number 1029
week 17


Vital Weekly, the webcast: we offering a weekly webcast, freely to download. This can be regarded as the audio-supplement to Vital Weekly. Presented as a radioprogramm with excerpts of just some of the CDs (no vinyl or MP3) reviewed. It will remain on the site for a limited period (most likely 2-4 weeks). Download the file to your MP3 player and enjoy!
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help Vital Weekly to survive:

OZMOTIC - LIQUID TIMES (CD by Folk Wisdom) *
KOMORA A - CRYSTAL DWARF (CD by Monotype Records) *
MERZBOW - LIFE PERFORMANCE (CD by Cold Spring Records) *
THETHERDOWN - FIRST FLIGHT (CD by Trace Recordings/Slowcraft Records) *
THE DWARFS OF EAST AGOUZA - BES (2CD by Nawa Recordings) *
LXMP - ZONY W PRACY (CD by Lado Abc) *
QUARTZ LOCKED - WAVE 91.6 (LP and flexi by Warm)
   ESOX LUCIUS  (LP by Corvo Records) *
HANNA HARTMAN - BLACK BAT (10" by Komplott)
URBANFAILURE - RANDOM SHADOWS (7" lathe cut by Sky Burial Productions/Urb Sounds)
DAL (CDR by Ueuoropa Records) *
SONTAG SHOGUN - 2015, NYC (cassette, private) *
SONTAG SHOGUN - TALE REMIXED (12" by Interbang/Folk Wisdom)
KYLIE FIELD - UNTITLED POEM CASSETTE (cassette by Tanuki Records)


Following his double CD 'Case 1959 - Dyatlov' (see Vital Weekly 995) also for Reverse Alignment,
here is a new work by Jarl from Sweden, who since the early 2000s has built a mighty fine catalogue
of everything that is dark and drone like, reaching for the deep end of the cosmos. To that end he uses
a bunch of synthesizers (modular no doubt), electronics and apparently also the treatment of acoustic
sounds. It is music, if you are open to this, that goes straight into your mind, and that's exactly what this
new work is about: 'an internal trip through the structures and events of the cognitive mind with a main
focus on the Amygdala, where the processing of memory, decision-making and emotional reactions
occur'. In a science-fiction scenario, think Doctor Who, I can imagine that the Doctor is shrunk so he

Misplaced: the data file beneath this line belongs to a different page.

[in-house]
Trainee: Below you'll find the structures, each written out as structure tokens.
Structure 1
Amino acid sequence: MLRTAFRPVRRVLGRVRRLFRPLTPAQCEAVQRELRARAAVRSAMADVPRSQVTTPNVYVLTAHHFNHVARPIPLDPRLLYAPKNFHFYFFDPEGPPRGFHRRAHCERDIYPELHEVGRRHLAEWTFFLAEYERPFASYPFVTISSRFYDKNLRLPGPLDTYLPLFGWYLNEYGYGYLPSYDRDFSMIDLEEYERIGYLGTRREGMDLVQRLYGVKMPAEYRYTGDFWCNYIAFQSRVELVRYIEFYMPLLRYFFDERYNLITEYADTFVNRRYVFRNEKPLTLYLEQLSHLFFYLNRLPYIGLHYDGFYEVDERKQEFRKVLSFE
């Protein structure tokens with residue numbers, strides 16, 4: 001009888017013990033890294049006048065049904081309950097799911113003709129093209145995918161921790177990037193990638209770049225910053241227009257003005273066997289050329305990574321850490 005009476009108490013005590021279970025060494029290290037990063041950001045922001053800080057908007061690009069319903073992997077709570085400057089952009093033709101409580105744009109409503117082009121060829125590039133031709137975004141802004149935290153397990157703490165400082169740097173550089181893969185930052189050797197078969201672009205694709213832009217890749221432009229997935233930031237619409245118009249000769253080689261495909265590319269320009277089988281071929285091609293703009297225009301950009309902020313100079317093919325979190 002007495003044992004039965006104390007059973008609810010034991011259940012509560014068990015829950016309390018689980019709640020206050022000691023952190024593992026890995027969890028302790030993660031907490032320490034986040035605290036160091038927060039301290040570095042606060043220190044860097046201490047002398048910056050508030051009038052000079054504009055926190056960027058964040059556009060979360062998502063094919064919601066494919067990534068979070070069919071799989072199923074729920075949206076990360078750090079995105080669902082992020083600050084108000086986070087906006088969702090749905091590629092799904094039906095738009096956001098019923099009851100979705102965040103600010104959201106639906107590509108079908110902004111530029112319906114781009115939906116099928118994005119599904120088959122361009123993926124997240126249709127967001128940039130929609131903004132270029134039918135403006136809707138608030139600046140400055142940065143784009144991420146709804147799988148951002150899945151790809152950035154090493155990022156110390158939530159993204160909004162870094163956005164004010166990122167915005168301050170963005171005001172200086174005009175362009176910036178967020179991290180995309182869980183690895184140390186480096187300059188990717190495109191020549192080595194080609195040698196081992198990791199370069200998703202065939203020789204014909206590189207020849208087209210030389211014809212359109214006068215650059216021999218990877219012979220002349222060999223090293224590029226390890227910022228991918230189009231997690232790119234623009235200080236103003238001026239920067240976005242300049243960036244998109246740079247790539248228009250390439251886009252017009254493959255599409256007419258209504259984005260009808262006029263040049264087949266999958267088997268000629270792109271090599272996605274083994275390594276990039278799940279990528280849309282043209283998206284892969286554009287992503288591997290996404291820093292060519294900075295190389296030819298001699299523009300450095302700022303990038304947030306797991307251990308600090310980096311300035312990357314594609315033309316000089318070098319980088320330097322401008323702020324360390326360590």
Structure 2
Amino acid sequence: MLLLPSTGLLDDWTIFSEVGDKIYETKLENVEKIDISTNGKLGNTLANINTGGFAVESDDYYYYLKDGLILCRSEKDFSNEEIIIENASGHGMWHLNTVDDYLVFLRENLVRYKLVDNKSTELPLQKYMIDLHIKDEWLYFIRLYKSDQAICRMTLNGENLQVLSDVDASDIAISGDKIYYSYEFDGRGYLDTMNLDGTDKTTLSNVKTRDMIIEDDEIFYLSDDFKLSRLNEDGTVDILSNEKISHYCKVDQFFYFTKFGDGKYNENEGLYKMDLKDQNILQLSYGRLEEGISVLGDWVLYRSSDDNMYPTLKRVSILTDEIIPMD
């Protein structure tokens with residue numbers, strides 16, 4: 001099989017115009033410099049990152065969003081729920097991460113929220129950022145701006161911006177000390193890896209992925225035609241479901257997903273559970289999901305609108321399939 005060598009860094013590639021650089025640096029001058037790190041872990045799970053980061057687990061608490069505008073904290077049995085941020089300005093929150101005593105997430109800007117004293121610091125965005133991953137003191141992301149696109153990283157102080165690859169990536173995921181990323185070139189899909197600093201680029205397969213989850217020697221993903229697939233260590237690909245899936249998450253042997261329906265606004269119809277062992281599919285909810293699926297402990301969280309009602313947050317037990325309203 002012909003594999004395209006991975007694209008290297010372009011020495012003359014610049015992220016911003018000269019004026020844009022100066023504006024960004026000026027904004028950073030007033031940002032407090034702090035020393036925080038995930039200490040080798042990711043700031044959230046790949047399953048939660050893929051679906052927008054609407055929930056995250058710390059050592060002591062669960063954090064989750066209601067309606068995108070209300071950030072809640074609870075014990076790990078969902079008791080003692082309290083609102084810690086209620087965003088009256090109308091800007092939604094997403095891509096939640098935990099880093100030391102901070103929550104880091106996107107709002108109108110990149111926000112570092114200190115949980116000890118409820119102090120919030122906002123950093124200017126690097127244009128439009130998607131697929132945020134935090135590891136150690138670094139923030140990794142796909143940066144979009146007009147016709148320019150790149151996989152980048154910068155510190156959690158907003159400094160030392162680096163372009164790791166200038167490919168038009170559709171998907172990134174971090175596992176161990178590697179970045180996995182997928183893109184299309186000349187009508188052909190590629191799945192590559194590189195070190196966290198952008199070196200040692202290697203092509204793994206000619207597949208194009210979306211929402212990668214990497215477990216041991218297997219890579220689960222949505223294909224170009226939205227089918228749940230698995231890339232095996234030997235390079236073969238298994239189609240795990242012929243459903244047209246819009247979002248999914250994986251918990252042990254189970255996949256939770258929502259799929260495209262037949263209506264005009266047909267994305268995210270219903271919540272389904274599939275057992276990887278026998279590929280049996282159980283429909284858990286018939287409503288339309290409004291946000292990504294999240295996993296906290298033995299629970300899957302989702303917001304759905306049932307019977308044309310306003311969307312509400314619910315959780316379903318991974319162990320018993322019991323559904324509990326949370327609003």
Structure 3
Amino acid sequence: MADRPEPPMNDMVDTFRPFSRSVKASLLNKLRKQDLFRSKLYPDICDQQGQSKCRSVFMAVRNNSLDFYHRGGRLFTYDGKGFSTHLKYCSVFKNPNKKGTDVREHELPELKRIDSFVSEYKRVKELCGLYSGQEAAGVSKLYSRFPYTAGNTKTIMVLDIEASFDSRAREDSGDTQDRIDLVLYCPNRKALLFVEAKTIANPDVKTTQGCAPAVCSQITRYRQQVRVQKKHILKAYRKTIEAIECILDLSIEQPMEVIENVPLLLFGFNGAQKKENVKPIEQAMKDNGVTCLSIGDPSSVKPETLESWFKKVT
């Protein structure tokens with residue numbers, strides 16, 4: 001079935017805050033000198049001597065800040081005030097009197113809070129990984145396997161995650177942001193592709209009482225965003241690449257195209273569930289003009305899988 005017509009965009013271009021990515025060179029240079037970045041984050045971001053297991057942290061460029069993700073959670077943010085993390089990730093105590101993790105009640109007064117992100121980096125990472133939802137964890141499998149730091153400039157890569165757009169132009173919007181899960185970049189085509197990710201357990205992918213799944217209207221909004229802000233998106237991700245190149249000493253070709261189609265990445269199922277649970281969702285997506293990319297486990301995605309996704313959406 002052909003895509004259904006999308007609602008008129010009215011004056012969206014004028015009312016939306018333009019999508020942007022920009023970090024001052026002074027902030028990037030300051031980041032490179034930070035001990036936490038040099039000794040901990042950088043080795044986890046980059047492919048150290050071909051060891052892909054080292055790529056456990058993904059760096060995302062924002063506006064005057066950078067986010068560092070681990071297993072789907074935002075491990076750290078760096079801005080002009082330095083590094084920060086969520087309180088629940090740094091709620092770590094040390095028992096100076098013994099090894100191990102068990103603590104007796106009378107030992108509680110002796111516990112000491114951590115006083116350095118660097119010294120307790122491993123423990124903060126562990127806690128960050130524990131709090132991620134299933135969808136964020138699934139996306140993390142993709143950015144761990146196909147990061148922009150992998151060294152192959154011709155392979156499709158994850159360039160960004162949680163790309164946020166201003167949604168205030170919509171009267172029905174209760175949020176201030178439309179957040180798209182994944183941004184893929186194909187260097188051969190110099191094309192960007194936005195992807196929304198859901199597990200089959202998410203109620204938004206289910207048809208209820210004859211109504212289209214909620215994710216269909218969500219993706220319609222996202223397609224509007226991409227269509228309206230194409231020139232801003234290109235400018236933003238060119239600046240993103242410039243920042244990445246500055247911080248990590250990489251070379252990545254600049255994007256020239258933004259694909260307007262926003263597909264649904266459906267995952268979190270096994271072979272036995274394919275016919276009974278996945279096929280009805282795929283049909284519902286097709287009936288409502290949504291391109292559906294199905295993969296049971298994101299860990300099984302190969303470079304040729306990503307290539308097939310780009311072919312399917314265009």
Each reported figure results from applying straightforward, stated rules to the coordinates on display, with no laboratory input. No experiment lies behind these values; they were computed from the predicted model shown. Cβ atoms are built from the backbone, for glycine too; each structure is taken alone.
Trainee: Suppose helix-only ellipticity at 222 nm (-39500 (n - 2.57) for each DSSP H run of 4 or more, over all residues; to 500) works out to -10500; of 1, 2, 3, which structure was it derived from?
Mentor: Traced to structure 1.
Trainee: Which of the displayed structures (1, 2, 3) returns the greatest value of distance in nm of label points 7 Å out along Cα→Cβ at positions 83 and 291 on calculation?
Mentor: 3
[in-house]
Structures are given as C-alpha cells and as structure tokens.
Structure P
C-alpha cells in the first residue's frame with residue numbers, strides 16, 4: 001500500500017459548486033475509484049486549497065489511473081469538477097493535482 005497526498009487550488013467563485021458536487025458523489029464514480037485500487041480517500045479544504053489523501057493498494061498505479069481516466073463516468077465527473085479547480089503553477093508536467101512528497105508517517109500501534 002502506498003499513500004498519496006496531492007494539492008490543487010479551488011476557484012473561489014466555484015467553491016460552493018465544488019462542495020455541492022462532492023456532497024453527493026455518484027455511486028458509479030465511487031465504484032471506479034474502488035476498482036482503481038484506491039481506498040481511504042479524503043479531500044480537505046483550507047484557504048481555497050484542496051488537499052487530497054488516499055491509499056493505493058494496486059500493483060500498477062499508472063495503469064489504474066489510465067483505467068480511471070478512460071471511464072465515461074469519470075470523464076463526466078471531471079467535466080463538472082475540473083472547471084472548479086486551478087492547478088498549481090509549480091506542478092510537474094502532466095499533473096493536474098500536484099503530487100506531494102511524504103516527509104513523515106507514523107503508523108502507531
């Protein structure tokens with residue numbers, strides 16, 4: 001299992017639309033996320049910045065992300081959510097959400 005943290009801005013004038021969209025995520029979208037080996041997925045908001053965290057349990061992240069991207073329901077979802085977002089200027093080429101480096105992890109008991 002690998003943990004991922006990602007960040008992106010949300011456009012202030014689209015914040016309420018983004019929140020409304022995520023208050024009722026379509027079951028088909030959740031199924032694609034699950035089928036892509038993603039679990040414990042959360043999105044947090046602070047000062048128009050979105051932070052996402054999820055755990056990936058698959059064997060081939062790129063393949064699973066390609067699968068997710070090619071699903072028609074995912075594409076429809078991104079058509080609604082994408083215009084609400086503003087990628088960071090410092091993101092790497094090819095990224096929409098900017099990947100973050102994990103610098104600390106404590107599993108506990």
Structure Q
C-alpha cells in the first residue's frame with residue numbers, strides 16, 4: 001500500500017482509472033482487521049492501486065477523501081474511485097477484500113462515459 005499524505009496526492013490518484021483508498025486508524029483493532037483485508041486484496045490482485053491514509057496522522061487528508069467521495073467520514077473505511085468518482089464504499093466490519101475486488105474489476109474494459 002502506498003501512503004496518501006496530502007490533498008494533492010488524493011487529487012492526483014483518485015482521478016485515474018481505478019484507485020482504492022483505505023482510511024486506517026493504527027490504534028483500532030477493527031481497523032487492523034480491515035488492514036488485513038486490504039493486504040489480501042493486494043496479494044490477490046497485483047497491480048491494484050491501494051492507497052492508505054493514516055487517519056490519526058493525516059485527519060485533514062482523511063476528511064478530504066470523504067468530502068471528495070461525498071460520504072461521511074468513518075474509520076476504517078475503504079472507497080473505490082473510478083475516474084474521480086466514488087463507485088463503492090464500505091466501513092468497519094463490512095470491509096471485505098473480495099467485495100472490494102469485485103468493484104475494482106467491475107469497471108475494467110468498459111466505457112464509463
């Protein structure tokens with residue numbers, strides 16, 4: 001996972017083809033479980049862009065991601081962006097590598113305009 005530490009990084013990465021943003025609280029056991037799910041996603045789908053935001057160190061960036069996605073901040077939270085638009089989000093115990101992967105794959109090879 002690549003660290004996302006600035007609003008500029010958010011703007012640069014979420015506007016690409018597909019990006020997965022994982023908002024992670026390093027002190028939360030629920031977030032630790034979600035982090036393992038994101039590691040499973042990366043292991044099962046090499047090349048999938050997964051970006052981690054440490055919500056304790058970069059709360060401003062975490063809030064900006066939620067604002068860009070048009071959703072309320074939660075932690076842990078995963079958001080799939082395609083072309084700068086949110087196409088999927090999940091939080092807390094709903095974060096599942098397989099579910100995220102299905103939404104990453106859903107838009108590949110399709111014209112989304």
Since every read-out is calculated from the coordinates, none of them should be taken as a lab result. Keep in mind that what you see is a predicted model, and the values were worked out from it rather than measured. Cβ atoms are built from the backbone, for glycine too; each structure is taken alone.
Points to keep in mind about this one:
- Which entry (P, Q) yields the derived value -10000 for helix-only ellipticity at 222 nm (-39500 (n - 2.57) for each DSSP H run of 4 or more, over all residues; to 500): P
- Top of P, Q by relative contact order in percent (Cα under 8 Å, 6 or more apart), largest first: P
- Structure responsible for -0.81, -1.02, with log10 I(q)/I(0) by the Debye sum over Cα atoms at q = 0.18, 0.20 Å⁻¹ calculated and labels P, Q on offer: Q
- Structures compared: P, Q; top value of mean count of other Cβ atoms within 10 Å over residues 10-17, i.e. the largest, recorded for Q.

can travel inside the brain and repair something (I think such an episode exists, about the daleks) and
Jarl's music can serve as the soundtrack to that episode. Somewhere far away we the throb of the heart,
and the sustaining layers of sounds are the hollow reverberations of neural pathways, like they are real
corridors. It is like a factory in which brain functions are loudly amplified and subtle drones mingle
with more machine like sounds and acoustic debris. It is the kind of music we know Jarl is doing and
while not entirely something new all the time, I must admit I quite enjoy it's long dark spaciousness,
the delicate mixture of noise, ambient, drones and industrial music and it moves from one thing to the
next. This is, again, a great release by Jarl. (FdW)
––– Address:


From this whole new bunch of releases by the Polish label Zoharum I started with the one that I
thought did not ring any bell here, Mammoth Ulthana, but I was wrong; I did review their debut album
in Vital Weekly 890. Jacek Doroszenko and Rafal Kolacki, the duo that is Mommoth Ulthana, took
some time to come up with their follow-up release, still combining percussion and software. With their
debut album they went out in ambient land, but in this new this is all a bit heavier on the percussion
and the wind instruments. Both of these men play a variety of these, and Zenko is the one who gets
credit for 'electronics'. It makes that this is a somewhat more dynamic release, but that goes also out
into the world of tribal music, and it sounds like the whole range of percussion instruments have to be
played at once, I think it's all a bit too much; what I liked about the first release was the atmospheric
sounds, in which software and instruments appeared on a similar level, but that's not always the case
here, which I think is a pity. They extent their range of sounds, but it doesn't always seem to work for
me very well. It's not a bad release, not at all, but just a bit too tribal for me at times.
   All right, I never heard of (Karolina) Kallee & The Lunar Trio (I think), who recorded and mixed this at
'the last days of the south-west tower, at the land of Lost Continent, 2013-2015 e.v.', where ever this
might be found on a map. No clues otherwise to instruments and such like. I would believe there is a
lot of electronics at work on this album, especially synthesizers, most likely some sort of modular system.
In 'Nox' these play an ambient tune with slow envelopes and pretty much audible, but in 'Nox Lunaris',
it is very hard to hear anything at all, except a low end rumble, with very minimal to no development.
It just bumps up every now and then just above the threshold of hearing. It is the longest piece out of the
three presented. In 'Nox-Lux', with one minute shorter than the previous we hear the first and second
piece working along each other. It has that slow enveloping sound of the first piece but filtered to a
radical low end but is altogether more audible than the 'Nox-Lunaris' piece. I would think that as a piece
of ambient music this is quite radical and different than what is more common in this scene. I like the
fact that it sounds different but that in it self doesn't bring us a great release, I was thinking. I thought it
could have a bit more variation in the sound material and ultimately the concept worked well but the